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Tahoe Nugget #40:

In the West: You Pick Your Own Poison

You think Vegas plays the odds? Be it flood, earthquake, or avalanche, the West has something to offer you. Pick your geographic location, and you choose your liability. A big shake thrice a century? That rogue wave? The blizzard that shuts down all roads and power, or quiet panic crouched on a roof top during catastrophic flood. We all have issues. Here in the Sierra, damage occurs when a deep snowpack is rapidly melted by heavy rain. Of course, the seemingly benign, long-term drought is usually the most relentless, costly and large-scale impacter of all.

Climatologists rank storm intensity by a cycle of return. The likelihood of any storm's precipitation intensity and time profile is quantified into a rating system. Unusual storm events are compared to each other according to what weather scientists expect in any given area over time. Pacific storms have pummeled California and the Sierra for so many years that we shouldn't be surprised. It's a behavior we should expect.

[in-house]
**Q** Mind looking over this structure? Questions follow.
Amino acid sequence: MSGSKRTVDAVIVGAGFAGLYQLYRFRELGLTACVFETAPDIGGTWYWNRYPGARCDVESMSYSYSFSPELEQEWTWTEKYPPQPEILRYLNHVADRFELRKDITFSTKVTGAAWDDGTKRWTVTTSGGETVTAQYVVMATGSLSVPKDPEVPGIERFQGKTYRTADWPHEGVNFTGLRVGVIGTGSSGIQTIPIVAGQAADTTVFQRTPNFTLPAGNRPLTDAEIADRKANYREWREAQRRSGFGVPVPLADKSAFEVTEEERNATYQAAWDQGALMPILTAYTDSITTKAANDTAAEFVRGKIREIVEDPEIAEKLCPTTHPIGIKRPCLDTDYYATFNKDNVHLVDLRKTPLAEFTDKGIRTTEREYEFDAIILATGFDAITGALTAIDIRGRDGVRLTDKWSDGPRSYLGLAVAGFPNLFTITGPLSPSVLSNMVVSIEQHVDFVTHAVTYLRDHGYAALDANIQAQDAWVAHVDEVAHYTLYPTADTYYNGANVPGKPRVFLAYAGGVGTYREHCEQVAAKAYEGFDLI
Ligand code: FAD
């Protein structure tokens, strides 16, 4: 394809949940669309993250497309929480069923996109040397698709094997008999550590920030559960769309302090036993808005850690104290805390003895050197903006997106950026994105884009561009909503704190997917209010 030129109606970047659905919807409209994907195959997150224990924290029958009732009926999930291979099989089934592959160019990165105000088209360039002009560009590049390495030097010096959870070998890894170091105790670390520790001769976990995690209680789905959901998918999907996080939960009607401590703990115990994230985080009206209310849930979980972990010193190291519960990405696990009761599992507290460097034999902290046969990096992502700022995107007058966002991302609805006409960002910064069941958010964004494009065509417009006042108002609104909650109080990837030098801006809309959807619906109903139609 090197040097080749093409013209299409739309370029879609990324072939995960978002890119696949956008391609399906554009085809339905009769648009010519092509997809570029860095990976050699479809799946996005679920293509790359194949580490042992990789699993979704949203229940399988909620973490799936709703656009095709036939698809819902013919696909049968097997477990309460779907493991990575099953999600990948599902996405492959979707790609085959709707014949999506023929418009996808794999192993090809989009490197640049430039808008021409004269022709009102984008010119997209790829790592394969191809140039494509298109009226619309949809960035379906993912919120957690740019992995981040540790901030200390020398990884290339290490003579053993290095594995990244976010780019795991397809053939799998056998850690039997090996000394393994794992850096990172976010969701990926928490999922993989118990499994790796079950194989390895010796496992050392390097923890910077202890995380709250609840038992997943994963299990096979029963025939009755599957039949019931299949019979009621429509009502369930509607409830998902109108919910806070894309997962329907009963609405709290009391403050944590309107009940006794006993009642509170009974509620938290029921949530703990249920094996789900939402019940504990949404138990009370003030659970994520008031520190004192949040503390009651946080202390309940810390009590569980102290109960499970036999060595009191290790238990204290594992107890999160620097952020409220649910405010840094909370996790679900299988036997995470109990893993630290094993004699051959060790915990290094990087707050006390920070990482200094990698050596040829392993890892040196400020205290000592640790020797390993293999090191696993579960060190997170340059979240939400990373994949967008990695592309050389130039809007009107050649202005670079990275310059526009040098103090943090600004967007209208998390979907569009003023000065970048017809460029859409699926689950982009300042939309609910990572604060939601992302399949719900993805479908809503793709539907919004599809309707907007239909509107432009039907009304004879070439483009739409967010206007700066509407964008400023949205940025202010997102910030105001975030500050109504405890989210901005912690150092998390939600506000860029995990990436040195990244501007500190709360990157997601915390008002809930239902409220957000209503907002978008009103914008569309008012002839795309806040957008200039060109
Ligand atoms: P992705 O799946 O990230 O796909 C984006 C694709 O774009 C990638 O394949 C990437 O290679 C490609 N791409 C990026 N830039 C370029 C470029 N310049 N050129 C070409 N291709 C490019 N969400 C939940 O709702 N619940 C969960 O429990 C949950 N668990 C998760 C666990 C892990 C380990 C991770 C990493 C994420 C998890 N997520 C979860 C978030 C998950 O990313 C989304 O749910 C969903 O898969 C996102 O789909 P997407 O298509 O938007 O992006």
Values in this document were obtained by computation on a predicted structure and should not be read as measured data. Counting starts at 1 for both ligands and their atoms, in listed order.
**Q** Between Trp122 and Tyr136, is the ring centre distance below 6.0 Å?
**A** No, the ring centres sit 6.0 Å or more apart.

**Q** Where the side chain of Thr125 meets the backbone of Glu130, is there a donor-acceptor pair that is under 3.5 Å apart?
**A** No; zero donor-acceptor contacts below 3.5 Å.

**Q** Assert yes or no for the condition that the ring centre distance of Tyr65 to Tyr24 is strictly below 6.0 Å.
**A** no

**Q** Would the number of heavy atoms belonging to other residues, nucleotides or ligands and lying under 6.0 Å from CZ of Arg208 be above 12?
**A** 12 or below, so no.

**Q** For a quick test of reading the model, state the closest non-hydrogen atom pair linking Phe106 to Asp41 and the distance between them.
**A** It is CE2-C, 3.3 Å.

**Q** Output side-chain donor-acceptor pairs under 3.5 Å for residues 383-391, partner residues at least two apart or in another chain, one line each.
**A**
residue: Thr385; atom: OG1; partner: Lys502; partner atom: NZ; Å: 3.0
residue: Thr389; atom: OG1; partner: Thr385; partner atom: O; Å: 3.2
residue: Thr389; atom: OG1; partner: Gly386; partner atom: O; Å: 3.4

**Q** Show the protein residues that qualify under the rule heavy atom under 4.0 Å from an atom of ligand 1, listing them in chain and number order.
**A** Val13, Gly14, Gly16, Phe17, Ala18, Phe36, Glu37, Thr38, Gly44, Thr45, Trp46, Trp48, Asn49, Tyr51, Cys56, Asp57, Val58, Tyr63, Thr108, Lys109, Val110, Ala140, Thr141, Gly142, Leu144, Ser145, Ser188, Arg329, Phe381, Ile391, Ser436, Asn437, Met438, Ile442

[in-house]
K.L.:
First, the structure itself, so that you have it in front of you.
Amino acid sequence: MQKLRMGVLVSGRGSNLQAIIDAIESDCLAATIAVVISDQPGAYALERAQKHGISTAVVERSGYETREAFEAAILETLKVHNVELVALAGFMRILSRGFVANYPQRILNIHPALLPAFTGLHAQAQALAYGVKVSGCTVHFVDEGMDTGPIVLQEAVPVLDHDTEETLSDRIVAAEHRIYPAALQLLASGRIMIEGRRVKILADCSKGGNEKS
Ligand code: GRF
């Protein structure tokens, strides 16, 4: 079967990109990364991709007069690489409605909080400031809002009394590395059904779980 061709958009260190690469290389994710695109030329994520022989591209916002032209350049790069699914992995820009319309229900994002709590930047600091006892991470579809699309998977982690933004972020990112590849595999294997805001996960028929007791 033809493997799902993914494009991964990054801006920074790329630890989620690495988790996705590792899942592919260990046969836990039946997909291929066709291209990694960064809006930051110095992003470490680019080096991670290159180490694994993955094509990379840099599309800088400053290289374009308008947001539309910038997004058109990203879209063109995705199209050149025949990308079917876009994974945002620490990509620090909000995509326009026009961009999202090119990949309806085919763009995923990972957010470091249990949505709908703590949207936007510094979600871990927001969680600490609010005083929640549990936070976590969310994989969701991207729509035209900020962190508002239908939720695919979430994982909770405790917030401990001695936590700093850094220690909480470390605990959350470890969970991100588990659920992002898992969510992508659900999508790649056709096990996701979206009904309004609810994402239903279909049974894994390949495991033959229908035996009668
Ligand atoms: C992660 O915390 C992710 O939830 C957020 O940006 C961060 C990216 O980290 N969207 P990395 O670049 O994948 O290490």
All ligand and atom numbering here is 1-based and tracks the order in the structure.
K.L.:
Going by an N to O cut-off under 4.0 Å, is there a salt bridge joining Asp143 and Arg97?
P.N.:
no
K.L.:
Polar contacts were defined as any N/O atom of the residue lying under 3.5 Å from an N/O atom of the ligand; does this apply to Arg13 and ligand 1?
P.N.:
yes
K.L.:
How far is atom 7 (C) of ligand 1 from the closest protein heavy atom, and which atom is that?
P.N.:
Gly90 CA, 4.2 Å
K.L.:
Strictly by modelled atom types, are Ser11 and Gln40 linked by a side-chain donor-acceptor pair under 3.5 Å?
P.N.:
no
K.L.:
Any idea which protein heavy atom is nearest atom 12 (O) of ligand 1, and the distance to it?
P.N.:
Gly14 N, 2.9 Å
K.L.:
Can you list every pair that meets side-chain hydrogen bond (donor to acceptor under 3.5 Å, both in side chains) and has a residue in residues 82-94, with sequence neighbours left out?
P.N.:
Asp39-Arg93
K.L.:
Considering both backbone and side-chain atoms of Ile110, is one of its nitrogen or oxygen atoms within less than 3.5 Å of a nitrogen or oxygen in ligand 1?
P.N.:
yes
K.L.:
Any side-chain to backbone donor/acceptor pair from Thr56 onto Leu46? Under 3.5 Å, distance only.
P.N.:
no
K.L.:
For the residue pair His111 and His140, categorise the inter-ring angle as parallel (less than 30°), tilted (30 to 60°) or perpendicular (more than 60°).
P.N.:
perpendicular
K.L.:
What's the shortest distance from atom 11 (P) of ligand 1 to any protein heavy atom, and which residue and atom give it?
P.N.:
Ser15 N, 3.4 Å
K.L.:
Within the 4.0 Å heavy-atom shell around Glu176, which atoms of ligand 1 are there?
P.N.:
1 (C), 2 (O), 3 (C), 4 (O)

The Sierra snowpack provides millions of people in California and Nevada high quality drinking water. To predict runoff and mitigate downstream flooding, virtually every watershed snowpack is measured for its water content. The snow survey is conducted once a month (January to May) by teams of men and women who use skis, snow mobiles, snowshoes, and helicopters to measure the Sierra snowpack. A snow core is weighed to determine its water content.

Passive sensing devices are also deployed in remote but important watershed locations in the Sierra Nevada. All these data inform reservoir/dam operators how much water they should store to not waste water and to avoid flood conditions.

Photo #1: Carnelian Bay: Quick-falling 6-foot snowfall (Dec. 20-21, 1996), which melted and contributed to the 1997 New Years flood
Photo #2: Snow surveyors, like these two guys in 1959, knew how to enjoy the backcountry.

96 snow 45 mph sign (lg file)000-01 copy

1959 snow surveyors ID and 650

 

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